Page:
Factors affecting the price are seasonal availability, the availability of substitute products and consumer spending and preferences. Premium produce will generally earn a premium price, however, there are no guarantees of this always happening. For example an oversupply of high quality fruit will depress prices but equally, periods of low availability will see even average quality fruit command high prices.

It is often suggested that one of the best ways to monitor price signals and plan production accordingly is the establishment of good business relationships between the grower and the wholesaler/agent. This can add some transparency around market signals.

Risks & Regulations


Like all tree crops, the biggest commercial risk to new entrants to the industry is the length of time between planting and the first harvest (5-7 years). Add to this that many exotic tropical fruit trees require significant upfront investment (for example, irrigation and trellising infrastructure), intensive management and a significant investment of time and energy, a return on investment may take even longer to achieve.

For durian, commercial risk is heightened by the fact that the knowledge of the management practices needed to underpin a productive durian industry in Australia is still being developed. The interaction of vegetative phases to floral initiation and the impact of fertiliser and irrigation scheduling, pruning practices to carbohydrate partitioning, flowering and fruiting is not well understood. One, or any combination of these factors, can result in poor fruit production.

The transfer of knowledge is hampered by a lack of information about the exact durian varieties currently in production in Australia. Some of the named durian clones introduced into northern Australia were incorrectly identified and may not represent the authentic clones from their original sources in Southeast Asia. This confusion about varieties could lead to incorrect management practices and consumer dissatisfaction in the marketplace.

Durian are particularly susceptible to a range of pests and diseases. Phytophthora palmivora and Pythium spp. can be devastating to durian and significant crop damage occurs from fruit spotting bugs, mealy bugs and stem girdling borers.

Durian has a strong odour and this can restrict the options for transporting them to southern markets. More work on packaging options of fresh durian to eliminate the odour during long distance air or road transport is required.

Tropical cyclones pose a considerable risk to primary industries in far north Queensland and the Northern Territory. Cyclones Larry (2006) and Yasi (2011) devastated production areas of far north Queensland around the towns of Innisfail, Tully and Cardwell and inland regions of the southern Atherton Tablelands.

In the aftermath of Cyclone Yasi, a number of Queensland growers left the tropical tree fruit industry. While an understanding of the lessons learned by these cyclone events has been documented, research into cyclone preparedness is still underway with a range of management options, like trellising of fruit trees, being investigated. Since the cyclones, securing affordable insurance is a major challenge to growers in cyclone prone regions with some insurers declining to offer insurance at all.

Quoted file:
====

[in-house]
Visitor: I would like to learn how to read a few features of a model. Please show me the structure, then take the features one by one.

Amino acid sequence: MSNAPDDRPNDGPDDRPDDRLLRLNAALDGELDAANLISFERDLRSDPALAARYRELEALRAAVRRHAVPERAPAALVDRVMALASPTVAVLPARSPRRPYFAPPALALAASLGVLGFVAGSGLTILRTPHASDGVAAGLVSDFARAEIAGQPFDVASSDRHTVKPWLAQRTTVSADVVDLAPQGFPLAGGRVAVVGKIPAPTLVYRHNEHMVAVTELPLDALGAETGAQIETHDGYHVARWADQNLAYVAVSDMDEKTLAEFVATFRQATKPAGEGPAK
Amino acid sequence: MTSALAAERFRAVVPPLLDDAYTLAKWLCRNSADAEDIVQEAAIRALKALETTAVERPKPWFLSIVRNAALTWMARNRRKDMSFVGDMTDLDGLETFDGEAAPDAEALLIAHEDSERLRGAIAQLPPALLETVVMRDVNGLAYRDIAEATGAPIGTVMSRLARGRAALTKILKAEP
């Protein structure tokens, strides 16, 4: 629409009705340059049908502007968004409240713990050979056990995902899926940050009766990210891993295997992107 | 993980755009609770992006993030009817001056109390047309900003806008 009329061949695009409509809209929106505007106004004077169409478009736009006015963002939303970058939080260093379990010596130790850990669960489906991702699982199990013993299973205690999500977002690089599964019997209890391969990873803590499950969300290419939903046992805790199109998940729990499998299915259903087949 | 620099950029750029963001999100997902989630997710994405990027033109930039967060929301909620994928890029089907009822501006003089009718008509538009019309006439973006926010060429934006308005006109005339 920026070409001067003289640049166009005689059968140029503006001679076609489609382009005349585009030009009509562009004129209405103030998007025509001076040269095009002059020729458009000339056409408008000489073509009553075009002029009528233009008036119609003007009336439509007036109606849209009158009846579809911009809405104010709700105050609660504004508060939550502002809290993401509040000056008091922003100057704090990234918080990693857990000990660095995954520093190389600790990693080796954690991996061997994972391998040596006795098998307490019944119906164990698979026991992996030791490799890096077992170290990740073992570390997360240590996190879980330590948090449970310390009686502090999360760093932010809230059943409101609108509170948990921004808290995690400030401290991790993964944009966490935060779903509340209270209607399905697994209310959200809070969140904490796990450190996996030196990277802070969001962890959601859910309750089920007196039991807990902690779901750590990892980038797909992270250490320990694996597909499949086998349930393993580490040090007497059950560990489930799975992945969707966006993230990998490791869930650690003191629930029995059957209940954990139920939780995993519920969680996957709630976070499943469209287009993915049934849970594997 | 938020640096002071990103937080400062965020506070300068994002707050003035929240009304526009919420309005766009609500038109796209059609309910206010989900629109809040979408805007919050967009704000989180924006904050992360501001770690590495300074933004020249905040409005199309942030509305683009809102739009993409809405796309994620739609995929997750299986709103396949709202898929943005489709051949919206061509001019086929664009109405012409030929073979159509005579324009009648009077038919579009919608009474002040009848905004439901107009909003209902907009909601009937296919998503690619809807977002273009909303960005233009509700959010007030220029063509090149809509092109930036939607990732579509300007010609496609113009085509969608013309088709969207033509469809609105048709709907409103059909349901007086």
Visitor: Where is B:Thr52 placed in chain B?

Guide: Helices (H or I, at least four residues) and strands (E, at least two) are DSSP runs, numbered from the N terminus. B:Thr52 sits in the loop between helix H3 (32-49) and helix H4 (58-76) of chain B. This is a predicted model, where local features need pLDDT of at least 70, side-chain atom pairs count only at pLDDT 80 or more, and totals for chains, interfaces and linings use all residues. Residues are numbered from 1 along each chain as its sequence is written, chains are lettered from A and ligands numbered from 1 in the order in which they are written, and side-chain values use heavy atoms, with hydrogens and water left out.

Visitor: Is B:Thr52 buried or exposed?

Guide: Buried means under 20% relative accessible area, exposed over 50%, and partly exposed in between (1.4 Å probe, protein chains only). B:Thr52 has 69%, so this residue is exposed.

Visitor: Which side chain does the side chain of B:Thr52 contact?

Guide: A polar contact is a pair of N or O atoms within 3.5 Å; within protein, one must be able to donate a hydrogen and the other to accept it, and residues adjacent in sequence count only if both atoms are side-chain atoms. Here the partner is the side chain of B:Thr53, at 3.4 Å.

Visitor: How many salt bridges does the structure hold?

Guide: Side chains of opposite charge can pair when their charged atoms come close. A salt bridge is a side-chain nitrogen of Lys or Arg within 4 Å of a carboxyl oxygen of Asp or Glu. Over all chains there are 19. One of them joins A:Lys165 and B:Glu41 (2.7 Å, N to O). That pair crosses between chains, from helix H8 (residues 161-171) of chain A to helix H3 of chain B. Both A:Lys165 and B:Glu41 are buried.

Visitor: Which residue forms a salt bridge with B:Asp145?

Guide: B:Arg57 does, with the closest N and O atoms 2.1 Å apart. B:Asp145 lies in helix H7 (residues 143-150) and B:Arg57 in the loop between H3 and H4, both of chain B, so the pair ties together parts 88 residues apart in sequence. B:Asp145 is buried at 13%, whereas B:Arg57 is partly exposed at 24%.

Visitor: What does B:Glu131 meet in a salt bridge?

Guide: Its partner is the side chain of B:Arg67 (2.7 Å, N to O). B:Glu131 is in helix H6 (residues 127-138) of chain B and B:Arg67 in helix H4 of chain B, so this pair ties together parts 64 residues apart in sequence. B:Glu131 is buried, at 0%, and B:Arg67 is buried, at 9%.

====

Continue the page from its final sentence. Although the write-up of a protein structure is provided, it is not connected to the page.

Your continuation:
Regulatory considerations

Before buying new land to plant orchards, a thorough investigation of the land’s suitability for a horticultural enterprise and its cropping or land use history, should be undertaken. This may include identifying a history of chemical contamination (and residue levels) as some export licences may be withheld on products grown on land where chemical residues exist. Potential disease risks should also be investigated. Some disease pathogens can survive in the soil for many years, so information about previous disease outbreaks will assist determining which trees are suitable for planting. This information can generally be obtained from the relevant state planning authority.

Growers will also be responsible for regularly inspecting their orchards for notifiable pests and diseases, particularly durian seed borer, and reporting any incidence to the relevant state agriculture department.

When planting new orchards and establishing additional on-farm infrastructure or access roads, liaison with the state government agencies responsible for planning, native vegetation laws and water licences will be necessary. Some land use applications will also need to be considered by the relevant local government authority.

Horticulture and food production businesses have strict requirements in relation to record keeping, registrations, and accreditations as well associated costs for e.g. quality assurance, food safety, safe use of chemicals, environmental performance and intellectual property. Websites like Freshcare may provide a starting point for understanding these requirements.



Emerging animal and plant industries: Their value to Australia RIRDC report (2014)

Durian and Mangosteen Orchards– north Queensland Survey RIRDC Report (2005)

Durian Germplasm Evaluation RIRDC report (2002)

Boosting Durian Productivity RIRDC Report (1997)

Durian – characteristics and cultivars Northern Territory Agnote no. D29

Durian Fact Sheet Northern Territory Government

Other resources

Durian page on the Northern Territory Government website

Freshcare An on-farm assurance program for the fresh produce industry

Pubcris Database on the Australian Pesticides and Veterinary Medicines Authority website

Image Gallery

 - image

Small and large durian

 - image

Opened durian fruit

Related Publications


Emerging Animal and Plant Industries - Their Value to Australia (2nd Edition)


Durian and Mangosteen Orchards - North QLD Survey


Durian Germplasm Evaluation


Boosting Durian Productivity